Why Sectional Title Offers Best Value

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16 Aug 2013

The value for money and the standard of design in most new sectional title property developments around South Africa has improved dramatically in recent years.

An artist’s impression of the parking area at Rawson Developers’ sectional title Stellenbosch development, “The Acorns”.

This is according to Paul Henry, Managing Director of Rawson Developers, who says this is a result of the recession and the huge slow-down in new unit delivery, which caused two-thirds of South Africa’s developers to put their schemes on hold.

Henry says that in the boom era of 2003 to 2008 the demand for sectional title units was so great that almost all developments, good and bad, sold fast. "However, once the economic crunch began to make itself felt, buyers were less in evidence – and a great deal slower to commit themselves.”

They had also learned to be more discerning, comparing, for example, the values per square metre of the different developments on offer and the values of the different areas where they were situated, and certain buyers became adept at analysing the performance of all properties in that area. "Research via the Deeds Office and other surveys began to be done not just by agents but by the general public too.”

What effect did this have? Henry lists the following points as having been most transformative and evident in the last ten years.

An artist’s impression of the open-plan living area of an apartment at “The Acorns”. Open-plan configurations are now the accepted and preferred choice of many people, especially the young.

  1. Space is now more cleverly used than previously. Corridors have been reduced or completely eliminated and built-in cupboards and fixtures are increasingly used. In smaller units, he says bathrooms contain showers instead of baths and balconies can just be big enough for a small table and two chairs. Mezzanine floors, although disliked by some, are also catching on. Henry says the most significant space saving of all has been in the use of in-building basement parking. "This has enabled what would otherwise have been impossibly cramped sites being able to offer attractive open spaces around the buildings.”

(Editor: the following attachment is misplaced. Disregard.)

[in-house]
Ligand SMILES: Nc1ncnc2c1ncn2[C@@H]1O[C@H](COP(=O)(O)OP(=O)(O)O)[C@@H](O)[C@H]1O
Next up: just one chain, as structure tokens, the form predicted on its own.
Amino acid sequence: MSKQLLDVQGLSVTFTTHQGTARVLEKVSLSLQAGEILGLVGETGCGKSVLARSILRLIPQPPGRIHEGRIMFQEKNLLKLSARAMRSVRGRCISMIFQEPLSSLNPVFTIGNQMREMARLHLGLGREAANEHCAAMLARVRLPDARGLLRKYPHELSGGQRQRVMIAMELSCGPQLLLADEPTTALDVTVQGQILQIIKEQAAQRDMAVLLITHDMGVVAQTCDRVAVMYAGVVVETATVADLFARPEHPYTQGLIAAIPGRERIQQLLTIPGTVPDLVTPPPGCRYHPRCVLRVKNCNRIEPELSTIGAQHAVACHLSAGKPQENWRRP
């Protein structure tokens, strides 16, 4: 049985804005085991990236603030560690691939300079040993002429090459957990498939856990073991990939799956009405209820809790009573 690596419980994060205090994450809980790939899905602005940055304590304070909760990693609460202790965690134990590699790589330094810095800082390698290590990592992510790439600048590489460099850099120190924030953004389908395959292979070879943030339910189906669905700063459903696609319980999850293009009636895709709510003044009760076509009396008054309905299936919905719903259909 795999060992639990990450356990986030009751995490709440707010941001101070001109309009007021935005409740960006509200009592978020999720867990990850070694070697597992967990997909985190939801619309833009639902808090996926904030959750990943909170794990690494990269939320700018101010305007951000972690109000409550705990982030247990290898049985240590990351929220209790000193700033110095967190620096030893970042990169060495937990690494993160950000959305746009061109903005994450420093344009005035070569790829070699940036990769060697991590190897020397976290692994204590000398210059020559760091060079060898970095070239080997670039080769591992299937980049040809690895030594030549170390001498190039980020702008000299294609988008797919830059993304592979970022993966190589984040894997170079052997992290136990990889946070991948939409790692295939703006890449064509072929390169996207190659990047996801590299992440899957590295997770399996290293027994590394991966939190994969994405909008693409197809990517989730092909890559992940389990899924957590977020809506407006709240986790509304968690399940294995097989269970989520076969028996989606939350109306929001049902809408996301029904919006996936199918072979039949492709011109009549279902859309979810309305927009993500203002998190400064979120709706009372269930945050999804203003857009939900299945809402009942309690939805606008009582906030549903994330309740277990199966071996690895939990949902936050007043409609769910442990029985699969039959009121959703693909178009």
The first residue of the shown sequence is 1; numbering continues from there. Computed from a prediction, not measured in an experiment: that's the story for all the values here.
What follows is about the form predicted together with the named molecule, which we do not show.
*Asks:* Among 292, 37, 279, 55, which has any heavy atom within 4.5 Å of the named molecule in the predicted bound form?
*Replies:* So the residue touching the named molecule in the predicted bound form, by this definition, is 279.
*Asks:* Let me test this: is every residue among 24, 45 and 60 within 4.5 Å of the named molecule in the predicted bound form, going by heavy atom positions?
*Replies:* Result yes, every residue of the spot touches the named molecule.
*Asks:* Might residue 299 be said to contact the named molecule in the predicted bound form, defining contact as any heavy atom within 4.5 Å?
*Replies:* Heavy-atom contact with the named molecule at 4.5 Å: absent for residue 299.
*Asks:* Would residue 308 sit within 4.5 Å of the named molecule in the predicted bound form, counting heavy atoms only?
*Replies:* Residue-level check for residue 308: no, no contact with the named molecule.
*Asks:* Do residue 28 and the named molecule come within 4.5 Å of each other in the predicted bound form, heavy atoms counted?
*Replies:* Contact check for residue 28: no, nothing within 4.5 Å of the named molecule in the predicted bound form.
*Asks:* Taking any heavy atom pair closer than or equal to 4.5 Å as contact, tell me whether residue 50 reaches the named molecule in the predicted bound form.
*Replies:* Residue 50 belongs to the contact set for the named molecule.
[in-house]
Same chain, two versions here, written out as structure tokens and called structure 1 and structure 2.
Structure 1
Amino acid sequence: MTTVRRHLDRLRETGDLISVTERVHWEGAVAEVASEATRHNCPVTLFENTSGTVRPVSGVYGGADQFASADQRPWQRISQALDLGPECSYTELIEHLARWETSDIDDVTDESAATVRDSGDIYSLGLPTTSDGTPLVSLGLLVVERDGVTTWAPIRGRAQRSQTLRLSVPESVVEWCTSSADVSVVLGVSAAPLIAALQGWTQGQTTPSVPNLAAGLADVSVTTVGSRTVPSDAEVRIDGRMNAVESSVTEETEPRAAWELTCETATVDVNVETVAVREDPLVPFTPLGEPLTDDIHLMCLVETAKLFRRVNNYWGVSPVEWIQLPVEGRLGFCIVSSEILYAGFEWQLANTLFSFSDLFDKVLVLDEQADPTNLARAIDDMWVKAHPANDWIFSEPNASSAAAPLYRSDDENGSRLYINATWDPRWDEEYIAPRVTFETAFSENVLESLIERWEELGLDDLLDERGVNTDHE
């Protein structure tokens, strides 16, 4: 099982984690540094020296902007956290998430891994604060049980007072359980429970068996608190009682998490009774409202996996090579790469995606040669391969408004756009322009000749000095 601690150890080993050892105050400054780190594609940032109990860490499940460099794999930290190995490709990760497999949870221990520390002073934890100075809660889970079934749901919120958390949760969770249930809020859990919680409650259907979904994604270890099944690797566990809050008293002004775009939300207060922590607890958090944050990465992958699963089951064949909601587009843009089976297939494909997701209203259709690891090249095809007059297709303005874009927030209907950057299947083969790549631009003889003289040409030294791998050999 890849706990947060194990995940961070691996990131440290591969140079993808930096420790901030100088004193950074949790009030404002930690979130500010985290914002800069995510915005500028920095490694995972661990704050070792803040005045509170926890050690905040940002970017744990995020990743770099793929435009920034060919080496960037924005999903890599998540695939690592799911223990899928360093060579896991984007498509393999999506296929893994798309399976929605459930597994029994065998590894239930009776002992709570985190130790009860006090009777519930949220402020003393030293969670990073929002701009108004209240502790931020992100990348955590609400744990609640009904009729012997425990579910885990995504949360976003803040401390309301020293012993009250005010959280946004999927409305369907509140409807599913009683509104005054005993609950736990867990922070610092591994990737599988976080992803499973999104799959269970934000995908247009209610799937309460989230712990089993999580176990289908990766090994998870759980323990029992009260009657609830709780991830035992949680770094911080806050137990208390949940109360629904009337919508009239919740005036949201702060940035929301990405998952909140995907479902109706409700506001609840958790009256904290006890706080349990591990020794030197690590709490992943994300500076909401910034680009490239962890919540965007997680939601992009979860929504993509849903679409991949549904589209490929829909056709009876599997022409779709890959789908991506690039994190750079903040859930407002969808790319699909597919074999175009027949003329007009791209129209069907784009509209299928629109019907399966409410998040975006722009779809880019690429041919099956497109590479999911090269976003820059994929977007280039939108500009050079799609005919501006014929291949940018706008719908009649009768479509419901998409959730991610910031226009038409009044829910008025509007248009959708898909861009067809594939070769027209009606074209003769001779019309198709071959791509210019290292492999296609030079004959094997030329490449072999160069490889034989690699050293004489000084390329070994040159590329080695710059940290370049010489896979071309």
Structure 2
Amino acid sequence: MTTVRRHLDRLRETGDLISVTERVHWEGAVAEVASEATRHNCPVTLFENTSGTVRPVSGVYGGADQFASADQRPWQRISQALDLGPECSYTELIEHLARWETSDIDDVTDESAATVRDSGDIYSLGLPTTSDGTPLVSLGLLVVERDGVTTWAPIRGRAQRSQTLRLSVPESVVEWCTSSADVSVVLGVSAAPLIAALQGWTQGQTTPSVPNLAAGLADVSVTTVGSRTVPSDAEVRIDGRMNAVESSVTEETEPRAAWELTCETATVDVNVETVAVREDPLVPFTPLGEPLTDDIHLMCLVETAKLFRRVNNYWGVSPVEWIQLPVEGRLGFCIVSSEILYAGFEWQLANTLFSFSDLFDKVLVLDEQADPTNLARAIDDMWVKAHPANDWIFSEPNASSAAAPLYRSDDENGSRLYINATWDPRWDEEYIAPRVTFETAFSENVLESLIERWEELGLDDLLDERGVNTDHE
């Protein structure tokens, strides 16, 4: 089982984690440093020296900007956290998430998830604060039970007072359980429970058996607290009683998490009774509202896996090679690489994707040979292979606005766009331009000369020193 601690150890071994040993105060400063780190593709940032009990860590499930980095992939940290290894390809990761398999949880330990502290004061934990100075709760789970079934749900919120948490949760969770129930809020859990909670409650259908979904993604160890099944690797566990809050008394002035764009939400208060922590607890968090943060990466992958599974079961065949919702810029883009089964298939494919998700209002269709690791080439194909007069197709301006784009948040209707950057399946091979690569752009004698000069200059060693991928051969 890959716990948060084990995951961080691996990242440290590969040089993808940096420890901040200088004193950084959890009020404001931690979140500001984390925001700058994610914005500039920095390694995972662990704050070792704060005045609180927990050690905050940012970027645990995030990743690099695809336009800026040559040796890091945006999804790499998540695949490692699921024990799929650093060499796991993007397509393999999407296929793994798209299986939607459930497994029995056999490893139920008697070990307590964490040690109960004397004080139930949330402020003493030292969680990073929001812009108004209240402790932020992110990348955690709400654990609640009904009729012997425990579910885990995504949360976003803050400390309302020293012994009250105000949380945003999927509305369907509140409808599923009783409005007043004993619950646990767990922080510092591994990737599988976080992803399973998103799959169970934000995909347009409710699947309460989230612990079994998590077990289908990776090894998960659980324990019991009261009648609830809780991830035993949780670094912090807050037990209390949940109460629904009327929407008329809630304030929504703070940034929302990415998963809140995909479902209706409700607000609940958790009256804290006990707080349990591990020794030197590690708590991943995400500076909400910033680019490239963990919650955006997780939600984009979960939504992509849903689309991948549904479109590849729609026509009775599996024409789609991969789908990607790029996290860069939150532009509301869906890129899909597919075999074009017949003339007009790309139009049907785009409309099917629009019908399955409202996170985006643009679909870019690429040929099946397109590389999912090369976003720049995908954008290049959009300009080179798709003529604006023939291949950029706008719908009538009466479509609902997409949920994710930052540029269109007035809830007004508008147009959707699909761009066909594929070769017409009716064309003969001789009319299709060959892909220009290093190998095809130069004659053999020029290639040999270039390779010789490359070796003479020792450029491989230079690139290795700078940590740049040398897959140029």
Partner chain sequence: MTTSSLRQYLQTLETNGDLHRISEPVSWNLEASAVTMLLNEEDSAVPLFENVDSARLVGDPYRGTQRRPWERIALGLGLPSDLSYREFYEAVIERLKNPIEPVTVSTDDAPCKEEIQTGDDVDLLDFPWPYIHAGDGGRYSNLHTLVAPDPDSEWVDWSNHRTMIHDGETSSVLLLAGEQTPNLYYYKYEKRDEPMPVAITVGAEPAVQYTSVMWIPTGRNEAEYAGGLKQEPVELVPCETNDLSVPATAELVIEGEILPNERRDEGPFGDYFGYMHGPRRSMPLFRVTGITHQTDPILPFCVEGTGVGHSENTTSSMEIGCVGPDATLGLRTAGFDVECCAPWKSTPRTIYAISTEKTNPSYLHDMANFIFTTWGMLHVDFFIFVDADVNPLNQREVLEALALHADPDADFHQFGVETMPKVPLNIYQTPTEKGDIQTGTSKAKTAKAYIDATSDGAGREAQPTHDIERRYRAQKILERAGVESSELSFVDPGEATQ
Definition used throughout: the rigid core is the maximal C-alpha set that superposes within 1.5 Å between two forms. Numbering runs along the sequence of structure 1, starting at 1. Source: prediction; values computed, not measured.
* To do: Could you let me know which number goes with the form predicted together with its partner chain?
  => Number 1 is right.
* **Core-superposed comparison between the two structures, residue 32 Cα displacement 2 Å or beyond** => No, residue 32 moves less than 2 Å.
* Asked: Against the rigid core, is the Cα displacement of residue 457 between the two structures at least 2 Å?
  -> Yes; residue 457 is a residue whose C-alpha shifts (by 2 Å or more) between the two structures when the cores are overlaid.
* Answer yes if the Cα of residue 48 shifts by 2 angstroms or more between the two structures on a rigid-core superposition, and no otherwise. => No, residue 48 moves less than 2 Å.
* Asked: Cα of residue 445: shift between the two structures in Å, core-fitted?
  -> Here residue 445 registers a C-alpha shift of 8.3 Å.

2. Open-plan areas are now acceptable and they are the preferred choice of many people, especially the young. Today kitchen, living and dining areas often form one space, albeit with some sections not visible from others, giving a measure of privacy. Open-plan designs also facilitate the use of low space divisions, such as dining areas, and this prevents the cook from being cut-off from the family or guests.
  3. He says that there has been a big improvement in the standard of finishes. Granite and Caesarstone countertops, porcelain tiles and downlighting, once considered suitable only for upmarket accommodation, are now found in the R600 000 to R1 million price categories – and give a feeling of affluence and comfort.
  4. “A fourth factor, now often taken for granted, has been a huge improvement in light and warmth penetration." There are seldom dark, cold corners that were characteristic of the mid-20th century homes these days and full length glazing and skylights allow units to be lit naturally.
  5. He says one has to mention that today’s sectional title units probably offer the safest accommodation of all South African housing. Electrified fences, sensor beams, guarded gates, patrol guards along with foyer concierges (in the more expensive developments), intercoms to all units and biometric fingerprint recognition or access swipe cards have made it difficult for unauthorised people to enter the buildings.
  6. Many of today’s developments have communal facilities such as swimming pools, gyms, saunas, squash courts, braai areas, laundry areas, ironing rooms and coffee shops or bistros in some cases. "These enhance residents’ lifestyles and make it possible for them to meet others in the complex, which is wonderful for single people, especially single parents.”
  7. Henry adds that professional landscaping – at least in all the better developments – is virtually obligatory today. The cash outlay can be high, but he says the result is worth the expenditure as from day one new schemes have computer irrigated, water-wise indigenous gardens with mature trees, benches, paths and ponds.
  8. As a result of these and other improvements, Henry says sectional title units are now the fastest growing property sector in South Africa and, if they are well managed by trusted and managing agents,  in his opinion, offer the best value per metre square of all South African housing today.
  9. Units in high demand areas, such as Rondebosch and Claremont in Cape Town, all of the university suburbs countrywide and suburbs like Fourways in Johannesburg and Umhlanga in KwaZulu-Natal, are appreciating in value faster than the average home, a fact which buy-to-rent investors have become very aware of.

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